The US teacher was positioned in the middle of the classroom most of the time and was in the center of the students. When it was time to switch the PowerPoint, show other contents, or distribute tasks, the teacher moved in the other direction of the classroom: for example, when wanting to show students the meaning of the word “annotate”, the teacher moved to the side of the classroom, and used the tips hanging on the wall to illustrate. In another example, the teacher moved to the front of the classroom to show students the pictures on the PowerPoint. The Chinese teacher had a small range of mobile locations, moving only near the podium and the front half of the classroom. In fact, the Chinese teacher was almost always standing next to the blackboard, except for the session when she played Danny for the sitcom.

4.2.3. Differences in Teaching Process

1) Lead-in

In the Chinese teacher’s class, the introduction took about 7 minutes of the teacher’s time, accounting for 17% of the lesson. In the American teacher’s class, the introduction took very little time, with the teacher spending only one minute on a brief introduction and historical background of the text, which accounted for 2% of the class time. The American teacher didn’t spend too much time in the lead-in. On the contrary, the Chinese teacher was keen to have a lead-in to motivate students, captures their attention, and lead them to the focus of the course.

2) Class Activity

In the Chinese English classroom, games are the main form of activity. The teacher designed many classroom games, such as hangman game, chain game and situational performances. For American class, there were few classroom activities in the form of games. Although the game format was not applied, the American teacher did adopt rich classroom activities, including having students complete an assigned task, asking students to read on their own for a specific period of time and fill in the assignment sheets given by the teacher on their own.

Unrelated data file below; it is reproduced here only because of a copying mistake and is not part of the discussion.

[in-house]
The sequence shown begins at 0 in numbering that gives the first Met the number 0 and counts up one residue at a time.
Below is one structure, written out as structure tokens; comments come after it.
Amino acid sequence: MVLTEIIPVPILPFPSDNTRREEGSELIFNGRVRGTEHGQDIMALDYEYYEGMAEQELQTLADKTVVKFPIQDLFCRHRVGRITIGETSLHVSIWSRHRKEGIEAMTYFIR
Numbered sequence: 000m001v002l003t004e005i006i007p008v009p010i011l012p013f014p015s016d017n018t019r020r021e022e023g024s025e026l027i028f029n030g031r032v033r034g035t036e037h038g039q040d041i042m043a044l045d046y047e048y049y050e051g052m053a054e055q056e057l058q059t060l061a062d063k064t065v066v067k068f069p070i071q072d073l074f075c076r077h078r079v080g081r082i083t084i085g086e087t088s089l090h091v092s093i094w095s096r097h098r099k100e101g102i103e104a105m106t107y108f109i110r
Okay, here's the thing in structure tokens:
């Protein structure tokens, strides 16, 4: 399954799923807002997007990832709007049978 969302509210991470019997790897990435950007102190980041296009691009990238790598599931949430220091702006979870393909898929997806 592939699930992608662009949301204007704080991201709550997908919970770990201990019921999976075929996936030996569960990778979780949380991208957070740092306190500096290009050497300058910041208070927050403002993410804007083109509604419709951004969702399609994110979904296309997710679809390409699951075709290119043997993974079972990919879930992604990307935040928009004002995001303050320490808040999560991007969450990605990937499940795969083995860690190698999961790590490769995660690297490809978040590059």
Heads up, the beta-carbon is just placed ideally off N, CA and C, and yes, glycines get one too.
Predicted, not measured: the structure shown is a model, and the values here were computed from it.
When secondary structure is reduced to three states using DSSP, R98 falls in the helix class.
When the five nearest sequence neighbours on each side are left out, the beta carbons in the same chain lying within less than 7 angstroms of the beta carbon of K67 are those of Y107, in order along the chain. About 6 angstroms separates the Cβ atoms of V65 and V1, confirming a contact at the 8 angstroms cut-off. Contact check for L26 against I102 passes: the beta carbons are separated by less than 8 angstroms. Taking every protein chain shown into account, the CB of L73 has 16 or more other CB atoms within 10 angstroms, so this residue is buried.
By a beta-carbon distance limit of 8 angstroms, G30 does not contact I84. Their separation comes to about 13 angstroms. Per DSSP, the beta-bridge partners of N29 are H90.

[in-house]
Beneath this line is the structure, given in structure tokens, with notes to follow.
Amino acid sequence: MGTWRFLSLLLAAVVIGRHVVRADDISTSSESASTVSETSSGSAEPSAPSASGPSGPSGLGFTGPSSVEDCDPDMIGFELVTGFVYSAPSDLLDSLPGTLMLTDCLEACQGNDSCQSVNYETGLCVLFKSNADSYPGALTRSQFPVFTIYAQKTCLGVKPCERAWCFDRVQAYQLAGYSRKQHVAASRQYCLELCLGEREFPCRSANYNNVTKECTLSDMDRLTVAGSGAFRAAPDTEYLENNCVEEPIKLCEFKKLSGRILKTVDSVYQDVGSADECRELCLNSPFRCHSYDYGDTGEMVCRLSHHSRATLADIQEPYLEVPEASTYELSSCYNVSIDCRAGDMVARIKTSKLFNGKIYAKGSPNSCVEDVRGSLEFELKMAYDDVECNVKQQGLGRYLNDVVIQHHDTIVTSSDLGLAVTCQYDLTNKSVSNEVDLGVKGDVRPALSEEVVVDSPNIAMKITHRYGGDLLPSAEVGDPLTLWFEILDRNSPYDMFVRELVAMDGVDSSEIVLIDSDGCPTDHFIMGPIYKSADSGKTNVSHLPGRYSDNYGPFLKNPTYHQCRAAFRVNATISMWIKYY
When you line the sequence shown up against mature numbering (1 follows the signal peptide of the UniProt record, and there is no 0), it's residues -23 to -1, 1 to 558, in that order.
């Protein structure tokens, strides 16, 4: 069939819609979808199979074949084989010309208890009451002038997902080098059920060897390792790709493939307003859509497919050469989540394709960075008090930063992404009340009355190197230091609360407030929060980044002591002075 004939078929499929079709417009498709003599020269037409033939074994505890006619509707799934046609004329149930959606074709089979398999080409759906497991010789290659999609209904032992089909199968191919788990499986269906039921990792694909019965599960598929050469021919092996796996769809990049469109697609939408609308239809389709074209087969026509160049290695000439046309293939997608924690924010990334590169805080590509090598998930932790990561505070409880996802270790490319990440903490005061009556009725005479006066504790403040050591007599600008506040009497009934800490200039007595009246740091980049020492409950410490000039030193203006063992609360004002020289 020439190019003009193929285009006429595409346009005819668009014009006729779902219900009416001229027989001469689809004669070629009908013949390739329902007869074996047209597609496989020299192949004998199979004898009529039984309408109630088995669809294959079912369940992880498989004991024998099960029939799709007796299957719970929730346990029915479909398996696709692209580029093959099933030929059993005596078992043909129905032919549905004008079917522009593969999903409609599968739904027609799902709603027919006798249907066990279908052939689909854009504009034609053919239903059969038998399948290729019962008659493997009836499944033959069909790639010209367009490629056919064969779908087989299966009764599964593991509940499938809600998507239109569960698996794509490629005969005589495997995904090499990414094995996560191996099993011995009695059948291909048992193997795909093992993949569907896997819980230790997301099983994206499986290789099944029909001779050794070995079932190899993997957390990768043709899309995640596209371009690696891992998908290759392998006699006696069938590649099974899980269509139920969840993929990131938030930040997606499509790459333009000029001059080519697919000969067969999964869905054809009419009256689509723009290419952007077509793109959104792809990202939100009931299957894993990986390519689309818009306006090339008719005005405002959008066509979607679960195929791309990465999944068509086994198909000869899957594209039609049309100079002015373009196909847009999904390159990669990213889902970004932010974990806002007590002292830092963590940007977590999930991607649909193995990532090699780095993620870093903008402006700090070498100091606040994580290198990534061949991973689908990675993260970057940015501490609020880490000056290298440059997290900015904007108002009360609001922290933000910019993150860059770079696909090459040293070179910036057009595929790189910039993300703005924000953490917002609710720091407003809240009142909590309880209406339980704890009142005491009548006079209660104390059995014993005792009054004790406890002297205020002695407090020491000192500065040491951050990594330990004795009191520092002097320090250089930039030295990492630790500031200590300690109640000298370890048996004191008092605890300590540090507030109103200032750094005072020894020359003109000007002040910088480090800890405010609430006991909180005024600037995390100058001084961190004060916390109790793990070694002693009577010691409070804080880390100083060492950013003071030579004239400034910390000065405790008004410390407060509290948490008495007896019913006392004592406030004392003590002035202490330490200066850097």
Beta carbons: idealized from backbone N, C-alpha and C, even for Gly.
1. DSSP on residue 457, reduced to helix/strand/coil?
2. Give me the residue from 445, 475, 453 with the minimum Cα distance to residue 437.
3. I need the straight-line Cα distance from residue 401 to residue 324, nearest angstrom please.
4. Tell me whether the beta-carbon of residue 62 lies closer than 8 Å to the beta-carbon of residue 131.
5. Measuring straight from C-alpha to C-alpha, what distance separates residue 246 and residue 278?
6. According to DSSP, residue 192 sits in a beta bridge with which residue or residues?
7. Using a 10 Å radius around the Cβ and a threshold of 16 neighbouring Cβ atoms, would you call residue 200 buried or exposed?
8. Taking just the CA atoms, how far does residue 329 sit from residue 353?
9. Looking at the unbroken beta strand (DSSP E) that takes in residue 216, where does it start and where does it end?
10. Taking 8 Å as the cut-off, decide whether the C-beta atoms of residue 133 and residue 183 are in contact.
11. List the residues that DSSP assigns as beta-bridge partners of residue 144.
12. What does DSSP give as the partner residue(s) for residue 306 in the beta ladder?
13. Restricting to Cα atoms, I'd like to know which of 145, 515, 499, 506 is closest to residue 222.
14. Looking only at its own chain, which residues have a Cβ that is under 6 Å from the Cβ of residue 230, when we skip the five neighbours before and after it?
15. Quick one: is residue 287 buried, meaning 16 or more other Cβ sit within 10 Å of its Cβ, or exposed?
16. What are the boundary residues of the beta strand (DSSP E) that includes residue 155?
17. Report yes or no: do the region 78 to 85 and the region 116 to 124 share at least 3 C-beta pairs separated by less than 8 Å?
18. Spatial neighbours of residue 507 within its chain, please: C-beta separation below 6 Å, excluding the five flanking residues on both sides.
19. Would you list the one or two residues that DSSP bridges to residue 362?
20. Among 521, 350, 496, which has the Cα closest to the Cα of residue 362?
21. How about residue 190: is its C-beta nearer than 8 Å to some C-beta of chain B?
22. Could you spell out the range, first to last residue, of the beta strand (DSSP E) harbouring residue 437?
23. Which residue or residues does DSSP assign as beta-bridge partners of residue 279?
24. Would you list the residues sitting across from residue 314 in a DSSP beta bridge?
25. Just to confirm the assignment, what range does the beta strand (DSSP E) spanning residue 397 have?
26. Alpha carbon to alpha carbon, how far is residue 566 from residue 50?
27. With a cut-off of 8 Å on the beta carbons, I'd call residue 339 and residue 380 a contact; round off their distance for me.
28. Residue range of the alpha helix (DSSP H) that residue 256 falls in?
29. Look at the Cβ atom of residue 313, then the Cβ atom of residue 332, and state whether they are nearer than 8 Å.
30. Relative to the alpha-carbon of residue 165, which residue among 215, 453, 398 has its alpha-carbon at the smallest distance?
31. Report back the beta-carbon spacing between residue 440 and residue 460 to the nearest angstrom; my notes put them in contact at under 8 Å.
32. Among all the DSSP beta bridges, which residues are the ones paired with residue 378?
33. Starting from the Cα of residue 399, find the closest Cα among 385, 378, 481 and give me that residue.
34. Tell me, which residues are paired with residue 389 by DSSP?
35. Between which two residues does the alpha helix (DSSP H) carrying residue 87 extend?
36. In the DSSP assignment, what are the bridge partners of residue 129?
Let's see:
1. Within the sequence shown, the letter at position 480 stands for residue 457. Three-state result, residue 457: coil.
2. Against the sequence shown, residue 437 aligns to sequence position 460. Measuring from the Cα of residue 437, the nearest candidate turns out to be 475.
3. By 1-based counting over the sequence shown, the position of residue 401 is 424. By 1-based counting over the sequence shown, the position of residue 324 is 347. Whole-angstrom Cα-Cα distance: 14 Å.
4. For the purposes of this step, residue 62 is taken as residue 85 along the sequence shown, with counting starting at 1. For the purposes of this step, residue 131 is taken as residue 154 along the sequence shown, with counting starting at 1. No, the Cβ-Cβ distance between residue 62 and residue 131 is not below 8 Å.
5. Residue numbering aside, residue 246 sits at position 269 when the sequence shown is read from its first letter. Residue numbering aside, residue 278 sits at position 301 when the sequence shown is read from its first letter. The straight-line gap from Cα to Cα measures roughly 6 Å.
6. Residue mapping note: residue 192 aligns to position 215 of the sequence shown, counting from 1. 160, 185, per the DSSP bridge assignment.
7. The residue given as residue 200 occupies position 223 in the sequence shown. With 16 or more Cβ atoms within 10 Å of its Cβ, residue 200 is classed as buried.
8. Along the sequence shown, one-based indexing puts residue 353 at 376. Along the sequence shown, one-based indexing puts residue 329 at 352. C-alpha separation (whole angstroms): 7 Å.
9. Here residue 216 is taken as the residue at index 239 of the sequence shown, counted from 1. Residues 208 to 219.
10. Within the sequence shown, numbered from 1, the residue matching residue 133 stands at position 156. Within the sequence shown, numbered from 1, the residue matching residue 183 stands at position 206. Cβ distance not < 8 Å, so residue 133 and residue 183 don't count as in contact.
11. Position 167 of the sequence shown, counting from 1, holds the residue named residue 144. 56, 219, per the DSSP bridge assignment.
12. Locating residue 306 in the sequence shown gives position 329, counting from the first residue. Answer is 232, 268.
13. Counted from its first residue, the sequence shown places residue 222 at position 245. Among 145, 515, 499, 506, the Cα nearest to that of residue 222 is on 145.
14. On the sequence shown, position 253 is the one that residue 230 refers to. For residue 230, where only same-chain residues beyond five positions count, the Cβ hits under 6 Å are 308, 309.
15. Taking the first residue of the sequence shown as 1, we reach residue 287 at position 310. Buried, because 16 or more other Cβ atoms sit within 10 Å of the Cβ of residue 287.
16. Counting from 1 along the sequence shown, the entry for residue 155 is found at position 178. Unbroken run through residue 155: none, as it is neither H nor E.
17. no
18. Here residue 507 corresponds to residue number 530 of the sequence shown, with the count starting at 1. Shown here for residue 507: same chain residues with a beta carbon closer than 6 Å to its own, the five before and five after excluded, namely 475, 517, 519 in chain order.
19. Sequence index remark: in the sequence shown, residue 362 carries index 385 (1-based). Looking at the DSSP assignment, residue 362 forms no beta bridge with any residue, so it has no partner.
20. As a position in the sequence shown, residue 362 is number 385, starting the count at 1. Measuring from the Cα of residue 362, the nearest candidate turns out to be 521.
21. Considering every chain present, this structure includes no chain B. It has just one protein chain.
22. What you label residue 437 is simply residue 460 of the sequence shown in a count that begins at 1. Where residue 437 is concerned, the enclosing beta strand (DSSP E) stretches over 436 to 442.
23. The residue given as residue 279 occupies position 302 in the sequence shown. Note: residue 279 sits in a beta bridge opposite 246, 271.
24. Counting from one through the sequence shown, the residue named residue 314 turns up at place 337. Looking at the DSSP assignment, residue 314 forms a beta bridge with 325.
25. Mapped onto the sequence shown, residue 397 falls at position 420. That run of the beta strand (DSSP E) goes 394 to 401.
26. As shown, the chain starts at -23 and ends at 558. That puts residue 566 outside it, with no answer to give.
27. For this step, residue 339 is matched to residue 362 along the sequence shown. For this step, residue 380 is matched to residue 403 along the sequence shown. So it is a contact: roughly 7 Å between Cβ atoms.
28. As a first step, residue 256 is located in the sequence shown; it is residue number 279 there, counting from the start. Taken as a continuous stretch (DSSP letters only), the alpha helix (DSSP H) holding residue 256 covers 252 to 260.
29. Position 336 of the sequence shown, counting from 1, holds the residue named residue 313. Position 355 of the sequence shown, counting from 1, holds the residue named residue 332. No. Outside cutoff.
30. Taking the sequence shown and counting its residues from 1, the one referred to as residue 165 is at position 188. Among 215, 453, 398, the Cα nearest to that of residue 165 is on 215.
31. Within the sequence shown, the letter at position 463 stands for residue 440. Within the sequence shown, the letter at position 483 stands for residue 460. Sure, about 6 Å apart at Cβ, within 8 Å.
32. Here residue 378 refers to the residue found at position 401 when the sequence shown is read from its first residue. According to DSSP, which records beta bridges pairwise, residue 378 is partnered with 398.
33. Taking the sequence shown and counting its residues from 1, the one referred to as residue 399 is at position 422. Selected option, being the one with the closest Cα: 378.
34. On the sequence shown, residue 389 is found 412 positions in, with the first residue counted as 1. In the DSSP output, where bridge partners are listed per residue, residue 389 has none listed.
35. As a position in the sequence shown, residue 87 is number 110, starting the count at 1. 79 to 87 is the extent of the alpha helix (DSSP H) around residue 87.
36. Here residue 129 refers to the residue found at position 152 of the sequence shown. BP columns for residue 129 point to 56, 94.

3) Interaction

In the Chinese English class, the teacher and students talked alternately. In the American English class, however, the teacher spent a lot of time explaining what the lesson was about and the skills used, and then gave all the time to the students to read and discuss and think. Children were seated casually in the US classroom, and the teacher interacted with individuals significantly more often than that in the Chinese classroom.

Due to cultural differences, China focuses on respecting teachers. At the beginning of class, students greeted the teacher in a neat and unified voice while bowing as a sign of respect. For instance, students stood up together and said: “Good morning Ms. Liu… Thank you Ms. Liu!” However, the American students just sat there and greeted the teacher briefly.

4) Questions Forms and Student’s Feedback

Based on the transcription tables (Table 1 & Table 2), the form and proportion of oral questions asked by teachers in both Chinese and American classrooms were counted. The Chinese teacher’s questions were primarily special questions, and about 19 special questions were asked. Among them, 12 questions began with what, one with where, when, why, and how respectively, and three questions began with which. For the American teacher, there were general questions and special questions, and there were about 15 special questions in total. Among them, 9 started with what, and 2 started with when, why, and who respectively. Sixty-three percent of Chinese teachers’ special interrogative sentences were guided by what, while 60% of American teachers’ special interrogative sentences were guided by what. The proportion of questions that begin with what is basically the same for both Chinese and American teachers. Both teachers chose questions based on the students’ English proficiency. The questions asked by the American teachers generally were more diverse and comprehensive, but the Chinese teacher’s questions were more basic.